Désirée van der Heijde, MD, PhD, learned early in her career that serendipity often plays a role in clinical research and treatment advances. She devoted her PhD thesis to the development of the Disease Activity Score (DAS), under the supervision of her mentor Piet van Riel, MD, PhD.1 In the course of that work, she also expanded upon radiographic assessment with the van der Heijde modification of the Sharp score, which became the standard in measuring radiographic progression in rheumatoid arthritis (RA).2 Then, in the late 1990s, pharmaceutical companies were searching for standardized assessments to test the efficacy of biologics for rheumatoid arthritis. The DAS and the Sharp score fit the bill, and the ability to evaluate new treatments with consistent metrics led to an exponential advancement in treatments for RA.3
Currently professor of rheumatology at Leiden University Medical Center in the Netherlands as well as a senior researcher at Diakonhjemmet Hospital in Oslo, Norway, Dr. van der Heijde reflects on the meteoric progression of RA treatments: “You need to be a little bit lucky when you develop something. We had all the measures ready when the new drugs became available and then they wanted to have outcomes measures for assessing them.”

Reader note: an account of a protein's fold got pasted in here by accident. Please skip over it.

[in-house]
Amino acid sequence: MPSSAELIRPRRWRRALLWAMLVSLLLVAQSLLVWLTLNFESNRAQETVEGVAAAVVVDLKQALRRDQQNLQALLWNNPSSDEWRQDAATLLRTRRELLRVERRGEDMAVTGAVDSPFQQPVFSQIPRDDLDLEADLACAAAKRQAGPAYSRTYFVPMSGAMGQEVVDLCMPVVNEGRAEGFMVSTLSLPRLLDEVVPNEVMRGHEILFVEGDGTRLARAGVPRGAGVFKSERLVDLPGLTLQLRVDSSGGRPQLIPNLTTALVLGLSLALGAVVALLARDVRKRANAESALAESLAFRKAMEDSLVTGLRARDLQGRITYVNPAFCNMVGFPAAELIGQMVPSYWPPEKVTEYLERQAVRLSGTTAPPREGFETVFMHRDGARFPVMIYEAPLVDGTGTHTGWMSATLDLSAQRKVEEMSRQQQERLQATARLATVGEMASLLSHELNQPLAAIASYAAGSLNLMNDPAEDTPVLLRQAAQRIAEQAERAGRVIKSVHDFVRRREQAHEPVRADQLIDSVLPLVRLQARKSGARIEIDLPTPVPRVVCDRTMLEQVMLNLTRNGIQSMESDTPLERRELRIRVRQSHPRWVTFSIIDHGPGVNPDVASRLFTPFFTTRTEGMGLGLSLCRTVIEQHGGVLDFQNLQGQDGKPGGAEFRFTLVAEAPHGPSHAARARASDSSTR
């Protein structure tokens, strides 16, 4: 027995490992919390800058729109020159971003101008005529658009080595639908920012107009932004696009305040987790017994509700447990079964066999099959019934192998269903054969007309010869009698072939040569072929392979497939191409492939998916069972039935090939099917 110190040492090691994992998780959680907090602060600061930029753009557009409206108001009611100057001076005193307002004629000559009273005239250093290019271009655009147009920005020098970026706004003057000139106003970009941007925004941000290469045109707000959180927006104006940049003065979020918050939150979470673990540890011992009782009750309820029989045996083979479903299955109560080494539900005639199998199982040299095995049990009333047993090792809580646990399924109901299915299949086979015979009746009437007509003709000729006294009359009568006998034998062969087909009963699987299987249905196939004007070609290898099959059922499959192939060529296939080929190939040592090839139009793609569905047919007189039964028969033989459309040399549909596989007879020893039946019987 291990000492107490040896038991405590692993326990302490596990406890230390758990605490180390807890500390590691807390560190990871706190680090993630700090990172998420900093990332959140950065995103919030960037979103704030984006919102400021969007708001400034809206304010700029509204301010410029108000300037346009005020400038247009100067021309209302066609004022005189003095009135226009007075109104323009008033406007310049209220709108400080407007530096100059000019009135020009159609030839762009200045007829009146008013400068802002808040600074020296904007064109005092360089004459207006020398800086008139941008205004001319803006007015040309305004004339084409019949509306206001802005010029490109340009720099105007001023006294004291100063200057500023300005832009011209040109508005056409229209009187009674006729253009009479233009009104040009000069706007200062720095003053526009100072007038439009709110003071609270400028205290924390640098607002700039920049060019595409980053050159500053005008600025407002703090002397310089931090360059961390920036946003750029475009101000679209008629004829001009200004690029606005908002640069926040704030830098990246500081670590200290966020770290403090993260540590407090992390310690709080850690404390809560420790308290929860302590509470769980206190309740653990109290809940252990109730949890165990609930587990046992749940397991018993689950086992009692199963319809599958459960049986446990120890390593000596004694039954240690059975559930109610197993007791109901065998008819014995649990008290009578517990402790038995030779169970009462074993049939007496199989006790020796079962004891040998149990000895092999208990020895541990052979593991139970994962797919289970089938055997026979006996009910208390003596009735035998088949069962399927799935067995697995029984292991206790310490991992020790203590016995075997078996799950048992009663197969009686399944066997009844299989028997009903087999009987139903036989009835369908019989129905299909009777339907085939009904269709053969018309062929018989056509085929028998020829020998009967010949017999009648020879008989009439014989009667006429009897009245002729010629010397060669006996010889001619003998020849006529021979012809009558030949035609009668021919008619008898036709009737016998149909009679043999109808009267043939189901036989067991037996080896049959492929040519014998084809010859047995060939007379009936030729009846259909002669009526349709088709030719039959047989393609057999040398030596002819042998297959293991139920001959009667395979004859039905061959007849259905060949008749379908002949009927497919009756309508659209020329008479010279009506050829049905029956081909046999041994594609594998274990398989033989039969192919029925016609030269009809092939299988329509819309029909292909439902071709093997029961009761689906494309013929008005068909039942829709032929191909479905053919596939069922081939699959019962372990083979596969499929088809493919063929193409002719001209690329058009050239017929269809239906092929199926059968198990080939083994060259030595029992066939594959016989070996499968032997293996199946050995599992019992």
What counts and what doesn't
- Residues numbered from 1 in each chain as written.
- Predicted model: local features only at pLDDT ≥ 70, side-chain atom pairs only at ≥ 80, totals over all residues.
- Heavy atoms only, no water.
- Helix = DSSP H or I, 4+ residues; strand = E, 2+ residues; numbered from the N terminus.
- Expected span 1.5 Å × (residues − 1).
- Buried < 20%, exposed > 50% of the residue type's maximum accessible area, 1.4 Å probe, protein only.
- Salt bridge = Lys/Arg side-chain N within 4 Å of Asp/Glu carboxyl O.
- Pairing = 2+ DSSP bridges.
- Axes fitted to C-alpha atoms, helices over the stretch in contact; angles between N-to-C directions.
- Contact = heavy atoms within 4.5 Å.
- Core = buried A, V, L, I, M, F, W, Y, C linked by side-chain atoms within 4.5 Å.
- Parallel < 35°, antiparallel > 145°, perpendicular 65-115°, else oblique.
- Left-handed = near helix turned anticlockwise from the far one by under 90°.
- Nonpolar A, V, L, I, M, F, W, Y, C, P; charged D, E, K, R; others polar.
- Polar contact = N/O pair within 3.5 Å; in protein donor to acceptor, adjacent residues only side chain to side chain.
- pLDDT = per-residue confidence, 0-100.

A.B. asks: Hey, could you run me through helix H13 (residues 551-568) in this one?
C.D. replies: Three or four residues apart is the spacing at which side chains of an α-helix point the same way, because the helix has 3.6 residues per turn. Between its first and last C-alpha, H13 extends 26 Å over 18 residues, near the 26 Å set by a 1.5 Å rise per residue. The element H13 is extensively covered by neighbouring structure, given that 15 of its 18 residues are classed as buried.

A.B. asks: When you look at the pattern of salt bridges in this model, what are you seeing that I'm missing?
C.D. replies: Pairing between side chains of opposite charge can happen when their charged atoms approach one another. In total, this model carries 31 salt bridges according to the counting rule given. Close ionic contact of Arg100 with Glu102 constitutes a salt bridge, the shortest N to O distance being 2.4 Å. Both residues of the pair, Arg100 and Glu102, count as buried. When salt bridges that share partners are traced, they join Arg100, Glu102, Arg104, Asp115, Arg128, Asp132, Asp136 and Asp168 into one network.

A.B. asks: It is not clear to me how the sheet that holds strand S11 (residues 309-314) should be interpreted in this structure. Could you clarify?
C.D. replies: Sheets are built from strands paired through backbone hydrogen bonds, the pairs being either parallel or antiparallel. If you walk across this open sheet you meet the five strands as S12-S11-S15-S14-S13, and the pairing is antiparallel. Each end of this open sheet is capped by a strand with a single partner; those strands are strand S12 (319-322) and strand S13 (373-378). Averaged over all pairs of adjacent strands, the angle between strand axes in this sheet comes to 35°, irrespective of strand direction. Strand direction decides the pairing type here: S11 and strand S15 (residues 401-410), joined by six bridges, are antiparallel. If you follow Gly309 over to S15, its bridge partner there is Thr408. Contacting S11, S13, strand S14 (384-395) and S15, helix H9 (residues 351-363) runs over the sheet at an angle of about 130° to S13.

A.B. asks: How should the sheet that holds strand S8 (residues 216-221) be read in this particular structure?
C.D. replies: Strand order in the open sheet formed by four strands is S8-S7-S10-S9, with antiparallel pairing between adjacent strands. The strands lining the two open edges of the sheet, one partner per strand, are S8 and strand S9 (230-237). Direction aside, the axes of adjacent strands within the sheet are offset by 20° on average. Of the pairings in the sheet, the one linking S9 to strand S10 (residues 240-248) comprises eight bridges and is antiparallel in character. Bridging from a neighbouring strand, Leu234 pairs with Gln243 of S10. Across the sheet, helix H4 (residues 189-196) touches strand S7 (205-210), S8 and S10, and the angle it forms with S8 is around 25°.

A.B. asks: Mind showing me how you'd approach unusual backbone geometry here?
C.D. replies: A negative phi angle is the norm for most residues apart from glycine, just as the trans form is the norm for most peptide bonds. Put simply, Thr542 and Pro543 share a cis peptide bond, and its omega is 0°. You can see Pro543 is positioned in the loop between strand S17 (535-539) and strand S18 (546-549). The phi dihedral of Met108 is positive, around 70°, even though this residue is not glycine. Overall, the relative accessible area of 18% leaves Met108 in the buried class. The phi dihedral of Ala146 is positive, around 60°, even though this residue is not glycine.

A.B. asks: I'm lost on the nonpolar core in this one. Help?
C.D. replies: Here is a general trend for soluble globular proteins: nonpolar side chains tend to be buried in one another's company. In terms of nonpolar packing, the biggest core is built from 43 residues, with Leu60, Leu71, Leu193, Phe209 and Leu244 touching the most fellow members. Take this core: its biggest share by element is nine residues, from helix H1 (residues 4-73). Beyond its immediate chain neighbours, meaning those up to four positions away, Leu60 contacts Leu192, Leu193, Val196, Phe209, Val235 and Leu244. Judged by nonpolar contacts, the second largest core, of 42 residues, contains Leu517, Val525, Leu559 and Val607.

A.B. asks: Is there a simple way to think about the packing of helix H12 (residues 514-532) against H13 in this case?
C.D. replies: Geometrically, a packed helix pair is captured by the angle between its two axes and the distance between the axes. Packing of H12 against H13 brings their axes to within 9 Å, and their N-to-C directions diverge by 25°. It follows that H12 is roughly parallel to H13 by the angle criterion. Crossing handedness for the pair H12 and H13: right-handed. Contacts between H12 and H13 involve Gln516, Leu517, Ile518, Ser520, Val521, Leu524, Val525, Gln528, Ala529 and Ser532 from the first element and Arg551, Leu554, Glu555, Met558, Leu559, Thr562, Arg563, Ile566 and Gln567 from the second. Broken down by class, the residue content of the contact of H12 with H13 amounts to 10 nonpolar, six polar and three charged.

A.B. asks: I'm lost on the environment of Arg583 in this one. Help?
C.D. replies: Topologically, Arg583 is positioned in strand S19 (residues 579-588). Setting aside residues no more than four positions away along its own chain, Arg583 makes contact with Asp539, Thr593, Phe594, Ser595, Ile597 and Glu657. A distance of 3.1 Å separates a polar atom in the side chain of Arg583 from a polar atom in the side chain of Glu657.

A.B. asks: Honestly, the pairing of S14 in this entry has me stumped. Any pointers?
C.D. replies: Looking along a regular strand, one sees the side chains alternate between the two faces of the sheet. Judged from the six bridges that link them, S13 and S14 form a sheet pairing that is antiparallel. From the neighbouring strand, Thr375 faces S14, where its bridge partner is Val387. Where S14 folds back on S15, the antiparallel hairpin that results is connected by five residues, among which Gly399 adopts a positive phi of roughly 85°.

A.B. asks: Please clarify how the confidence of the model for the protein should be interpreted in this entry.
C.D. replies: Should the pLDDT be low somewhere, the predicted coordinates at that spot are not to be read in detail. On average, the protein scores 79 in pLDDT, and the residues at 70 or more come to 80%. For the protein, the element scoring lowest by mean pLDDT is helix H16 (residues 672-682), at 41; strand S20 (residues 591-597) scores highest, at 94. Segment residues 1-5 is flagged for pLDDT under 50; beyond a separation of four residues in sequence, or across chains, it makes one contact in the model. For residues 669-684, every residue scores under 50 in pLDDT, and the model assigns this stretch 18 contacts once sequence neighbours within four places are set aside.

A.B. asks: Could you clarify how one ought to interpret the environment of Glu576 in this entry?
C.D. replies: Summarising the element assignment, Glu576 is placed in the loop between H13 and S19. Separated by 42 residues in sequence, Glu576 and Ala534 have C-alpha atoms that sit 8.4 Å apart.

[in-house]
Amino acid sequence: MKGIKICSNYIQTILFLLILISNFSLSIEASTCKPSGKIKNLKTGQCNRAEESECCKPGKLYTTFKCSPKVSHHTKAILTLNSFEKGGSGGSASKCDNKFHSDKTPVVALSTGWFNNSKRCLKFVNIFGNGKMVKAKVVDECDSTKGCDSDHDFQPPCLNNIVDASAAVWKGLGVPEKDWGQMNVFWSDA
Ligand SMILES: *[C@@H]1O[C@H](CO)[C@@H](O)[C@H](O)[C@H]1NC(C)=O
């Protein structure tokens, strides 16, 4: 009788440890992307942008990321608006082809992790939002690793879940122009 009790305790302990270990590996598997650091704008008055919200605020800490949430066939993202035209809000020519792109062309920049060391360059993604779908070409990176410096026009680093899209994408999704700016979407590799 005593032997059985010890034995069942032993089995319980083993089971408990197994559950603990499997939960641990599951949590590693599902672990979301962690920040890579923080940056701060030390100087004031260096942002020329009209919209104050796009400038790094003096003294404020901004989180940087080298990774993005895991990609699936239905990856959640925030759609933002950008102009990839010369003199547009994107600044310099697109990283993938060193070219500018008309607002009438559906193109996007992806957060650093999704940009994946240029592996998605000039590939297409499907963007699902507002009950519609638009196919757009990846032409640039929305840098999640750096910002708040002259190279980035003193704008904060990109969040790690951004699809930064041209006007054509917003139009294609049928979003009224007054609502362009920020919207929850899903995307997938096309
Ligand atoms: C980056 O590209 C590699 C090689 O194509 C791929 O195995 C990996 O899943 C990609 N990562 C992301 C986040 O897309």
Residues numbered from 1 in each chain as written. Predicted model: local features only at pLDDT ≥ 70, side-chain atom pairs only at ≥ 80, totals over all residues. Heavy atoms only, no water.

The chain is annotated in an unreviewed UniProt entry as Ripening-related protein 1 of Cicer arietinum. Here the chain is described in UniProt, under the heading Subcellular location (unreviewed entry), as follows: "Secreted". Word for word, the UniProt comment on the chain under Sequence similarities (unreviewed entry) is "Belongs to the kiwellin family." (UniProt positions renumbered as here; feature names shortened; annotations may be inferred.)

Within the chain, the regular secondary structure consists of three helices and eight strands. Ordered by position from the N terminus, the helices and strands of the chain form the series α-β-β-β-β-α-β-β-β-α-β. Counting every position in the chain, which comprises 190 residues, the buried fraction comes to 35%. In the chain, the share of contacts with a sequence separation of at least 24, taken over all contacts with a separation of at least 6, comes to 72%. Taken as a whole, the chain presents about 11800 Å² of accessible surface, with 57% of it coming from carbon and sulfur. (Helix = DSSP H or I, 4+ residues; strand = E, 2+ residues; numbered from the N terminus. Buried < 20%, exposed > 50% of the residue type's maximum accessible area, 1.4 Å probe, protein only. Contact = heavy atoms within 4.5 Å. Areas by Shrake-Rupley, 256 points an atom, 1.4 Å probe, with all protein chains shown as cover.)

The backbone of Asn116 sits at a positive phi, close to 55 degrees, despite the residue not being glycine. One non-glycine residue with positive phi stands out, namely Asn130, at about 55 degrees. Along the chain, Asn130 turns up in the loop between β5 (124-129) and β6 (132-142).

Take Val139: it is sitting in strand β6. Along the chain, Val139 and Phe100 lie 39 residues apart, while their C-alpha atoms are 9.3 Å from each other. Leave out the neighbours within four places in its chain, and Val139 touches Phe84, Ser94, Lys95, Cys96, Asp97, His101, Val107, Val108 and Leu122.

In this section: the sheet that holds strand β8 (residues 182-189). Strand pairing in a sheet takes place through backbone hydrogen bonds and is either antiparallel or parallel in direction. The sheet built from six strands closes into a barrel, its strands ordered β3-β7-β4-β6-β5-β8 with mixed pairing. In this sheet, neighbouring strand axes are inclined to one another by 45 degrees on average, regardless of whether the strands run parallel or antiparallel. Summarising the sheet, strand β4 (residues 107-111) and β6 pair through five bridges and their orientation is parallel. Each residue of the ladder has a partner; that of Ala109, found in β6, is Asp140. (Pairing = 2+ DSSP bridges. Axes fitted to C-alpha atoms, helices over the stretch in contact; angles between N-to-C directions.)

Those who have known and collaborated with Dr. van der Heijde would argue that she has made her luck by devoting her intellectual drive and organizational abilities to furthering clinical research methodologies. This has been especially true in the field of spondylarthritis. Since 1994, when she became assistant professor in Sjef van der Linden’s department of rheumatology at the University Hospital Maastricht, in the Netherlands, she has worked intensely with a dedicated core of colleagues who comprised the original AS Working Group. Following the principles of the Outcome Measures in Rheumatoid Arthritis Clinical Trials (OMERACT) process, the group began development of response and remission criteria for ankylosing spondylitis (AS), and formally organized in 1995 as the Assessment of SpondyloArthritis international Society (ASAS). Again, the instruments were in the right place at the right time. And the result, says Robert B. M. Landewé, MD, professor of rheumatology at the Academic Medical Center of the University of Amsterdam, is that “further development of these drugs [the biologics] went rocket fast.”4 Whereas it took 15 years to develop biologics as efficacious treatments in RA, it took only a few years to secure approvals for their indication in AS.